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Funeral For A Friend

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Interview with Gareth Davies (Bass)

Into Oblivion….or Cornwall at least! Funeral For A Friend throw the best wake in town to unleash their career defining opus ‘Tales Don’t Tell Themselves“.

They say that the miles of any mans life can be measured in his eyes, and anyone watching Funeral For A Friend closely as they take to the road once again in support of their triumphant new long player Tales Dont Tell Themselves will notice that far from being the adolescent upstarts of old they carry a new found wisdom in their eyes.

Its safe to say there have been some dramatic changes in the world of Funeral For A Friend, marriage, children and the swift onset of adultism have all entered the fray, and with the release of the “difficult” third album they have ushered in phrases such as concept album, scrapped initial recordings and time out for life. Tales is a far cry from the jagged, caustic attack of Seven Ways To Scream Your Name that catapulted the band to Kerrang magazine cover status seemingly overnight, and since their sophomore album Hours was released in 2005 Funeral For A Friend have been busy slowly morphing into a euro metal Leviathan, a beast fuelled by a long lineage of classic Euro Metal, their own love of Maiden and Priest and the dynamics of modern artists such as Trivium.

They no longer ply their trade in foot to the floor screamo, now they carve panoramic, emotive, but not emo, music that will resonate as much with those screaming every word crushed against the barrier as those parents high in the stalls clutching their Genesis and Yes albums. No doubt it will elicit copies of Juneau being burnt in bedrooms across the country by true fans, but one listen to opening single Into Oblivion tells you that hundreds of thousands more will fall in love with this album in a life defining way.

Today genial bass master Gareth Davies is holed up in a London hotel room, to make matters interesting its not the hotel room anyone thinks hes in, but once tracked down hes more than happy to offer a few insights into life inside one of largest UK bands as they set sail promoting what could be their defining work.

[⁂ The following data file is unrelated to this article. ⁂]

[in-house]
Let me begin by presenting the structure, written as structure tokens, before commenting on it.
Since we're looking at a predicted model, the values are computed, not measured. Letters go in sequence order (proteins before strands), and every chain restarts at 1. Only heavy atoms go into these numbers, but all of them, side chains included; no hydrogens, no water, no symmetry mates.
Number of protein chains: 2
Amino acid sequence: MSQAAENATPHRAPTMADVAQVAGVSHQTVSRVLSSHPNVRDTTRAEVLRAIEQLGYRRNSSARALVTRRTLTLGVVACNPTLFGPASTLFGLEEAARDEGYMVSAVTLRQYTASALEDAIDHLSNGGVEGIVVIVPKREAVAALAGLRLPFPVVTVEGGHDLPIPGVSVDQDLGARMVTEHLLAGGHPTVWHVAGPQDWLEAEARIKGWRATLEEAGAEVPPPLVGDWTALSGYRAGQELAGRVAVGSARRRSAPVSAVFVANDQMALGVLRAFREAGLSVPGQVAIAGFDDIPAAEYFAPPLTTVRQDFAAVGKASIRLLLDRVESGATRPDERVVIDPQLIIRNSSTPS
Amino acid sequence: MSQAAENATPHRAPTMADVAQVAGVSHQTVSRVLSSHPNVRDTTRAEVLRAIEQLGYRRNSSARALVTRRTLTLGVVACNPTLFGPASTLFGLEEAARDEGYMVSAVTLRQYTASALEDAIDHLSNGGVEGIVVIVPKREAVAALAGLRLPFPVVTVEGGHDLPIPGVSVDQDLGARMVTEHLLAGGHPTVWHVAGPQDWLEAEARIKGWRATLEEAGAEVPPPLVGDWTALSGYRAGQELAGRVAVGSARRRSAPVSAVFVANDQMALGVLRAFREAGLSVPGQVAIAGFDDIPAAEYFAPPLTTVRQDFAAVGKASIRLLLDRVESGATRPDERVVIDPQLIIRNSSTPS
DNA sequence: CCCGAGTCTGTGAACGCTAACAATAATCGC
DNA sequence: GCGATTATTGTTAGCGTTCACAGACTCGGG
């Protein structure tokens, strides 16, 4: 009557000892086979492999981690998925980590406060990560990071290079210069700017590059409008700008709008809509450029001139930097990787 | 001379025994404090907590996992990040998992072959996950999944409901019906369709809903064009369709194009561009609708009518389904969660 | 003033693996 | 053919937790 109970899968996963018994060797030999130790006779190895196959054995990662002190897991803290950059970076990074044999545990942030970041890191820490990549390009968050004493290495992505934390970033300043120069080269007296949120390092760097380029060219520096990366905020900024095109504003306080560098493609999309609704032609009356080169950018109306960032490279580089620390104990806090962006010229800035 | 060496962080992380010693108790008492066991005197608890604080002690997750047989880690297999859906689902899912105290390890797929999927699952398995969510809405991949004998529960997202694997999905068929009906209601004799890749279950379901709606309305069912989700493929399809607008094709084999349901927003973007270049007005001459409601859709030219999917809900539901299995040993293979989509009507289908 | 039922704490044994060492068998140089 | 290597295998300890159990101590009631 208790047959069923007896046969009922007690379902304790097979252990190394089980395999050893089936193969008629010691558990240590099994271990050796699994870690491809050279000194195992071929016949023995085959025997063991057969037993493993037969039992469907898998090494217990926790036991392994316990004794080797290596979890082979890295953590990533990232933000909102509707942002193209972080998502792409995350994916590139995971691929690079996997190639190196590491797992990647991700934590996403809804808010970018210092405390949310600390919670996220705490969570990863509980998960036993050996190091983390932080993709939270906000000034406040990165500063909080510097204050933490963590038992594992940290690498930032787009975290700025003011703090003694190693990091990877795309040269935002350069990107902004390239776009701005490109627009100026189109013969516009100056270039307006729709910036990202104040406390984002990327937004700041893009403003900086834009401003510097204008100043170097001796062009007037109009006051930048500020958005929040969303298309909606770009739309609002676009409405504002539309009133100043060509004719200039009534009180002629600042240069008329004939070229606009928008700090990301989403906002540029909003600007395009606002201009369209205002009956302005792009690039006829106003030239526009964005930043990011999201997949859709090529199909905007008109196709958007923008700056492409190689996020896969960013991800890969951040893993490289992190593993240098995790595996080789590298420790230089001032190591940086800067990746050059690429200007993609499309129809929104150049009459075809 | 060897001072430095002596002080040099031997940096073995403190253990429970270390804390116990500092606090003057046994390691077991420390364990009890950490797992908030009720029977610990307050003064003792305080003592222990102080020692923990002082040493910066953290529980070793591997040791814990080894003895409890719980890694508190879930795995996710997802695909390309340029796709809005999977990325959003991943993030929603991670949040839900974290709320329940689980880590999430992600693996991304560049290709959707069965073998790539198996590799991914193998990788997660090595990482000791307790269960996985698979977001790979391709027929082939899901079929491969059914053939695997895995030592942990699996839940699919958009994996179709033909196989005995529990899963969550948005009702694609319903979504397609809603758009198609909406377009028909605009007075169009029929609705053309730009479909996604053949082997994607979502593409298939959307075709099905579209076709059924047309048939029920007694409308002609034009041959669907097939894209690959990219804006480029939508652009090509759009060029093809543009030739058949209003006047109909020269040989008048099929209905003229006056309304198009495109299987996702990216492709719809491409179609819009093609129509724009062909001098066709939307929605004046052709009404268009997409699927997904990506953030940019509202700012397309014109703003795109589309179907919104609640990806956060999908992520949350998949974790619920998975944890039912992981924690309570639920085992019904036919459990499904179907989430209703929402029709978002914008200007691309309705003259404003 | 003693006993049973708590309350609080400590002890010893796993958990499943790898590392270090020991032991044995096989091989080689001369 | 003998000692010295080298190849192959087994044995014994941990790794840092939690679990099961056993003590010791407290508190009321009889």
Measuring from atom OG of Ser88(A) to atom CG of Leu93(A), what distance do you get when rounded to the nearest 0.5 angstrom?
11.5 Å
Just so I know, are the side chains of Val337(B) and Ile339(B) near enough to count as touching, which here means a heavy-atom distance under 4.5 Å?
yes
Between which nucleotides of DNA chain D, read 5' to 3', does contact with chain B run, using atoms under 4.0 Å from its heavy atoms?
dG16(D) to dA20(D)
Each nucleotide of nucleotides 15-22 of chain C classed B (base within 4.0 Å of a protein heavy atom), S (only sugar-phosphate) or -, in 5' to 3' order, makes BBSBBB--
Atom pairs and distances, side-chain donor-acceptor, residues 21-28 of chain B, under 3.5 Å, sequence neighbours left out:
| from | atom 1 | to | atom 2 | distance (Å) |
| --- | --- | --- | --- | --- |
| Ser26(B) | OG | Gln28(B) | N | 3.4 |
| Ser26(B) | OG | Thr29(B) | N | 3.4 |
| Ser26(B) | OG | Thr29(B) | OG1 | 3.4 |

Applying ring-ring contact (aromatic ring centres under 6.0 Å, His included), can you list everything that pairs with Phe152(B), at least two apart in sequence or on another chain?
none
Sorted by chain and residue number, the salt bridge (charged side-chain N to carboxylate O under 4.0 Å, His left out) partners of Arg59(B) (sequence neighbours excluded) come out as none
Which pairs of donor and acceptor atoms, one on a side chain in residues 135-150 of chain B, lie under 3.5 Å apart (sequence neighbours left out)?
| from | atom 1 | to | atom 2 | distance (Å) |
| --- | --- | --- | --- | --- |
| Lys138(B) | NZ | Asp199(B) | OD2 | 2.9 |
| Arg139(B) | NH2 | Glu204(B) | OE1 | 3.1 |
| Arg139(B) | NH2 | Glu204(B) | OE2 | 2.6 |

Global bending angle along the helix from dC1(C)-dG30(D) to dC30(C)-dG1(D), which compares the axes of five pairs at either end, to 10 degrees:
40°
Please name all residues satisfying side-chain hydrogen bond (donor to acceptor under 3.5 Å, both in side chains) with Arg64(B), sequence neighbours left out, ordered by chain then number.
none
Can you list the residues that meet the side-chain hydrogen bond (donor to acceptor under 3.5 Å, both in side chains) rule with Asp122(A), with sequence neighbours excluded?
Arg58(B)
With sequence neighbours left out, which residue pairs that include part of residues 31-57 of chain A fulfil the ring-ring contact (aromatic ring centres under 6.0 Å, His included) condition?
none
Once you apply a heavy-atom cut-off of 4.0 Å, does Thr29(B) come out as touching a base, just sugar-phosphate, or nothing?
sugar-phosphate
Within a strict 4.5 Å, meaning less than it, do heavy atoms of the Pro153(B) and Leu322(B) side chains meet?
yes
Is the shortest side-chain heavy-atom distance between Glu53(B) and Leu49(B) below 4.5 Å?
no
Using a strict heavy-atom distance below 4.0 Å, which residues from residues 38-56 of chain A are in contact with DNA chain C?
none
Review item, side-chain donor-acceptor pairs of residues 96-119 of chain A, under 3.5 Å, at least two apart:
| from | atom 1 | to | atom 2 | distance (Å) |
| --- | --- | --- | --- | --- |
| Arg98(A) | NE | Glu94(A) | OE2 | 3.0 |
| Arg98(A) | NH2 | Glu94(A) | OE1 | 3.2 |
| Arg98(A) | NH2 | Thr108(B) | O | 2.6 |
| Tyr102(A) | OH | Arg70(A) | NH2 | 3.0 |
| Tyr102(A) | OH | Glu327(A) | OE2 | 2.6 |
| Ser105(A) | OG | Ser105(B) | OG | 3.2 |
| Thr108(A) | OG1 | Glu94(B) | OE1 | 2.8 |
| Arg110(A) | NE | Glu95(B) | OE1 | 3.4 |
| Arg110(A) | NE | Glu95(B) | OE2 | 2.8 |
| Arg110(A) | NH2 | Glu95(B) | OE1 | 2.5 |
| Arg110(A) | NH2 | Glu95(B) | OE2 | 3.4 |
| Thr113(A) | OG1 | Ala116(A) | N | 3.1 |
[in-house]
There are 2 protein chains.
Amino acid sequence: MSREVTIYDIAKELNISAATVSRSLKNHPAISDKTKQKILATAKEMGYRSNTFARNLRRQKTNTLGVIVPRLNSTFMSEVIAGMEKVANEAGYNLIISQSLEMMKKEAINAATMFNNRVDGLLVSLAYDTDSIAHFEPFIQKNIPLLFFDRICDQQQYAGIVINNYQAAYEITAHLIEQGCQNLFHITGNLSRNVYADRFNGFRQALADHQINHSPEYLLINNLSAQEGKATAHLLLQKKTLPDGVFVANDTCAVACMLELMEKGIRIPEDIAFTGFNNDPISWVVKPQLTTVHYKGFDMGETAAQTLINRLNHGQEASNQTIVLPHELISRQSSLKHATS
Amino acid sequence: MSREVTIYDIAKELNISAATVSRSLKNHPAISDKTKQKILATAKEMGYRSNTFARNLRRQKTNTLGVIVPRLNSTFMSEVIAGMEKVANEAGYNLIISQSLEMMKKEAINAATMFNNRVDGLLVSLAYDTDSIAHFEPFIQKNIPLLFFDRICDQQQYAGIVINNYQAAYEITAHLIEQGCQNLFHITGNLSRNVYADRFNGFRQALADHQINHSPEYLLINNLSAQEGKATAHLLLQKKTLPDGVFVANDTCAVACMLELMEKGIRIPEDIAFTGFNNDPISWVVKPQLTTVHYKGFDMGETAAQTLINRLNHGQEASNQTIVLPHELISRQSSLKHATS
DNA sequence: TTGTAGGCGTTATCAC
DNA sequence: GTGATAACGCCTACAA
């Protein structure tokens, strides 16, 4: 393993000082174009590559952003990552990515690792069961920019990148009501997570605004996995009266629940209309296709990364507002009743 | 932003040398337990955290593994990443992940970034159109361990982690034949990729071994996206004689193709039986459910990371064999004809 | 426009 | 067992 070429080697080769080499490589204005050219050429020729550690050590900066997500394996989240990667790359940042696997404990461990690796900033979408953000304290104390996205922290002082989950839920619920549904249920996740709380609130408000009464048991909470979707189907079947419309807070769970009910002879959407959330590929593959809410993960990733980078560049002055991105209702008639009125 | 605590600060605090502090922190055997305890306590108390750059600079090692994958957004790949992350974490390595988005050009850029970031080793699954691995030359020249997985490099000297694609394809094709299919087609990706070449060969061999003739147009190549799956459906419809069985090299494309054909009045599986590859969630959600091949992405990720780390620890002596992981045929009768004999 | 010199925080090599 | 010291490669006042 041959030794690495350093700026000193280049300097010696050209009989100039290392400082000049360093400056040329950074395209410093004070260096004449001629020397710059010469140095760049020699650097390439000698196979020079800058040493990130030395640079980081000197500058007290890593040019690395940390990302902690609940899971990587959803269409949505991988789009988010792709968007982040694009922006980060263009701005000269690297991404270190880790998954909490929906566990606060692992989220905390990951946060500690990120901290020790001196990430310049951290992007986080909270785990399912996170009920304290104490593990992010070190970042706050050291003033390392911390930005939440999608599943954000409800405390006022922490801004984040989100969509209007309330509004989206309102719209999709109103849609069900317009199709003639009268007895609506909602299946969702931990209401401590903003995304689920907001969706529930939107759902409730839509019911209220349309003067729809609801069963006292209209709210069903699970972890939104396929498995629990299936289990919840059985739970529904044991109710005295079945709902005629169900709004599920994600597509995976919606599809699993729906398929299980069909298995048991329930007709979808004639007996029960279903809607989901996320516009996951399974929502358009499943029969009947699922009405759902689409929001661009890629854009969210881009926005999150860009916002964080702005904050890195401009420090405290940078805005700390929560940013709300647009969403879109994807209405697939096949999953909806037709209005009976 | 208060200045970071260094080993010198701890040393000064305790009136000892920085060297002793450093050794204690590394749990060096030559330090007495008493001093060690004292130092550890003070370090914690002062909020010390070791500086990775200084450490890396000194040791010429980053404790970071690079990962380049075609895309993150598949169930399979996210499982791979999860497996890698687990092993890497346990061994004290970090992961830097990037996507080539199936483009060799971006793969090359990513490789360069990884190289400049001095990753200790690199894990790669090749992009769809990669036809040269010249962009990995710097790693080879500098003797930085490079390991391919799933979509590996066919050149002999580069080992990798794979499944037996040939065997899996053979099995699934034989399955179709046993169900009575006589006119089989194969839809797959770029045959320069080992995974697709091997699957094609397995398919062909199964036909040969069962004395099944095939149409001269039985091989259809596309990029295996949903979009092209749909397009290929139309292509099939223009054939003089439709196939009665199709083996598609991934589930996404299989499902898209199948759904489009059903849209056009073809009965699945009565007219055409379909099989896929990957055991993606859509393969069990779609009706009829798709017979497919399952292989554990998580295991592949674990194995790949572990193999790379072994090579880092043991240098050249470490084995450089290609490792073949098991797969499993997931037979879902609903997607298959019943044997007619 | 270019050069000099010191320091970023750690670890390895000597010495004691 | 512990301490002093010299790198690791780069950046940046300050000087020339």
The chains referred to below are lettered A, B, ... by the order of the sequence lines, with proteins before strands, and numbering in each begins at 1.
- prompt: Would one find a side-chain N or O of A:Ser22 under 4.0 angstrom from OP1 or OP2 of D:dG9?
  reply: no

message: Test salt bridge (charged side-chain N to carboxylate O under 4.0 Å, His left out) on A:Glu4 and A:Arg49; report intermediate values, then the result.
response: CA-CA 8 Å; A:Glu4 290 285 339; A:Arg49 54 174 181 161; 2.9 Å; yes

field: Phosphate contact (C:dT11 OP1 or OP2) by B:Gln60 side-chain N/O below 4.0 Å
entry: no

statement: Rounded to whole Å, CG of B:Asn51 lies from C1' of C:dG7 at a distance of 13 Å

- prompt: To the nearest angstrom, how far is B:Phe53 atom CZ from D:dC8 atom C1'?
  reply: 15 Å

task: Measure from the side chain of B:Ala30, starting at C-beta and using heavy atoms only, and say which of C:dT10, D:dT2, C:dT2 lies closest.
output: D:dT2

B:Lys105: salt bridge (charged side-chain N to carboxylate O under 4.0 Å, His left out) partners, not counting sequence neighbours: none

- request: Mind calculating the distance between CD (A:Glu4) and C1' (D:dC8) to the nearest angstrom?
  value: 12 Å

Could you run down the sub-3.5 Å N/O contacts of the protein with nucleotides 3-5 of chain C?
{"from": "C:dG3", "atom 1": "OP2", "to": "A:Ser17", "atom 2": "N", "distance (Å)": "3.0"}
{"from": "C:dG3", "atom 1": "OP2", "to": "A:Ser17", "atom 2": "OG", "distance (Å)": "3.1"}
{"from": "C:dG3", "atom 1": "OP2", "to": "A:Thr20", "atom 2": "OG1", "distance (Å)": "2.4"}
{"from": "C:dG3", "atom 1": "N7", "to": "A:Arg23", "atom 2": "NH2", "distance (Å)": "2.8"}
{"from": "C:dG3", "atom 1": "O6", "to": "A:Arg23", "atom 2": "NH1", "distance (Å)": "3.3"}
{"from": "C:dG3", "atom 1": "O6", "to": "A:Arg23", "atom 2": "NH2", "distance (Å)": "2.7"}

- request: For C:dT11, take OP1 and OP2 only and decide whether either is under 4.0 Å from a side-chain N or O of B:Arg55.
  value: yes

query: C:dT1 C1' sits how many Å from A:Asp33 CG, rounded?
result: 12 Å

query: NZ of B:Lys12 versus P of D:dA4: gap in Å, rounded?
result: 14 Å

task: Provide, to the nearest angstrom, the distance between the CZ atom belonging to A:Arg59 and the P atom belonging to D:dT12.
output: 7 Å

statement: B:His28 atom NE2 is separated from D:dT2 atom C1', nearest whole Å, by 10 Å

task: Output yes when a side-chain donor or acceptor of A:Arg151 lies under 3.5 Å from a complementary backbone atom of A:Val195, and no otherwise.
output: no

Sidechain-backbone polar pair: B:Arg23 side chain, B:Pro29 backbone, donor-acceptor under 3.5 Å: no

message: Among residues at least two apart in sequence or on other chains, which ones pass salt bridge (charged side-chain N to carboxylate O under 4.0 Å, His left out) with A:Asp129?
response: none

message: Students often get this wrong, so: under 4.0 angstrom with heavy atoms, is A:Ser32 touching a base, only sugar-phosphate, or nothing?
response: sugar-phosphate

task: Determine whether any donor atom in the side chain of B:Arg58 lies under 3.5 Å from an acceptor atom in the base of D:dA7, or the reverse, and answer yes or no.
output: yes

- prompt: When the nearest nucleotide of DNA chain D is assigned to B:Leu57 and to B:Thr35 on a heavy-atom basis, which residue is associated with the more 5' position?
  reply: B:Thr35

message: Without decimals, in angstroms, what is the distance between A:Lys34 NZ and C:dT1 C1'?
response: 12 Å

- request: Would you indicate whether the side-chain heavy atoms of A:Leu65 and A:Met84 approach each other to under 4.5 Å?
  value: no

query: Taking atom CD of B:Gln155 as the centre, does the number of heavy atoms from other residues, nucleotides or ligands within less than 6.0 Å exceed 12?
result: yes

It hasn’t been an easy process though; the bands initial attempts at recording didnt fire the imagination. “We demo’d a lot of songs but it was really Funeral by numbers. It felt like we weren’t pushing ourselves,” Davies notes of the original attempts at carving out a follow up. After initially fruitless sessions the band reconvened with renewed vigour and direction as Tales took shape under the guise of a concept album. “We werent influenced by anyone as far as doing a concept album,” professes Davies when quizzed about the likes of Mastodon and the recent resurgence in concept records. “Really, it just all started to fit. Into Oblivion (Reunion) for example was the first time that we really knew we had an opening track for a record.”

Its a highly ambitious album, and whereas ambition may make some look pretty ugly, Funeral For A Friend have managed to make this sound like a fulfilment. Tales may be a nail in the coffin of the battle between punk/emo and pop/metal that has been at the heart of FFAF since Casually Dressed and Deep In Conversation, but on repeated listens this is a band stretching its not inconsiderable muscle. Its a very similar situation to Idlewild, a band who took the vibrancy and anger of youth and spat it out the length and breadth of the country before slowly morphing into the UKs REM for the new millennium. Musical trajectory is not the only similarity. Both bands have taken dramatic and deliberate steps to keep in touch with their fans, from video tour diaries and studio blogs to playing shows that would have seemed small long before they were signed, let alone after theyve been selling out Brixton Academy and Rock City.

It was in this spirit that fresh of a support tour with My Chemical Romance the band played three intimate shows in Cornwall, in such rock tour staple locations as Penzance and St Ives. Needless to say the shows were insane. “They were incredible. I mean they really were in the middle of nowhere, and it was a real Kodak moment. Looking across and seeing Kris and Darren crashing into things and throwing up behind amps. The Heat was incredibleit was crazy, a real Kodak moment,” enthuses Davies, clearly enamoured by the chance to get up close and personal with some rabid fans. How did the fans take to the new songs? “Really well, its great that we got a chance like this to warm up for our main tour though.”

It efforts like this that highlights the bands mindset, “we’re really just some working class boys“, insists Davies, and its certainly a notion thats hard to dispel. When asked about the rest of the year he notes, “well were off to America which is really exciting“. Are there any differences between the UK and US fans? “Well no ones heard of us if the States! I think they have so much choice out there and so many great bands that were just really grateful for anything. I mean that people buy our record or come out to our shows amongst everything else going on out there is amazing by itself.” A response which is typical of the self-deprecating demeanour displayed by Davies throughout our conversation. Its an attitude that will serve him well in the coming months as FFAF tour first the UK and then the States on the world famous Warped tour, as in Tales they have a career defining album that should catapult them into the hearts of every single witness to their upcoming road trip.


Written by Jonathan

June 29, 2008 at 8:30 pm

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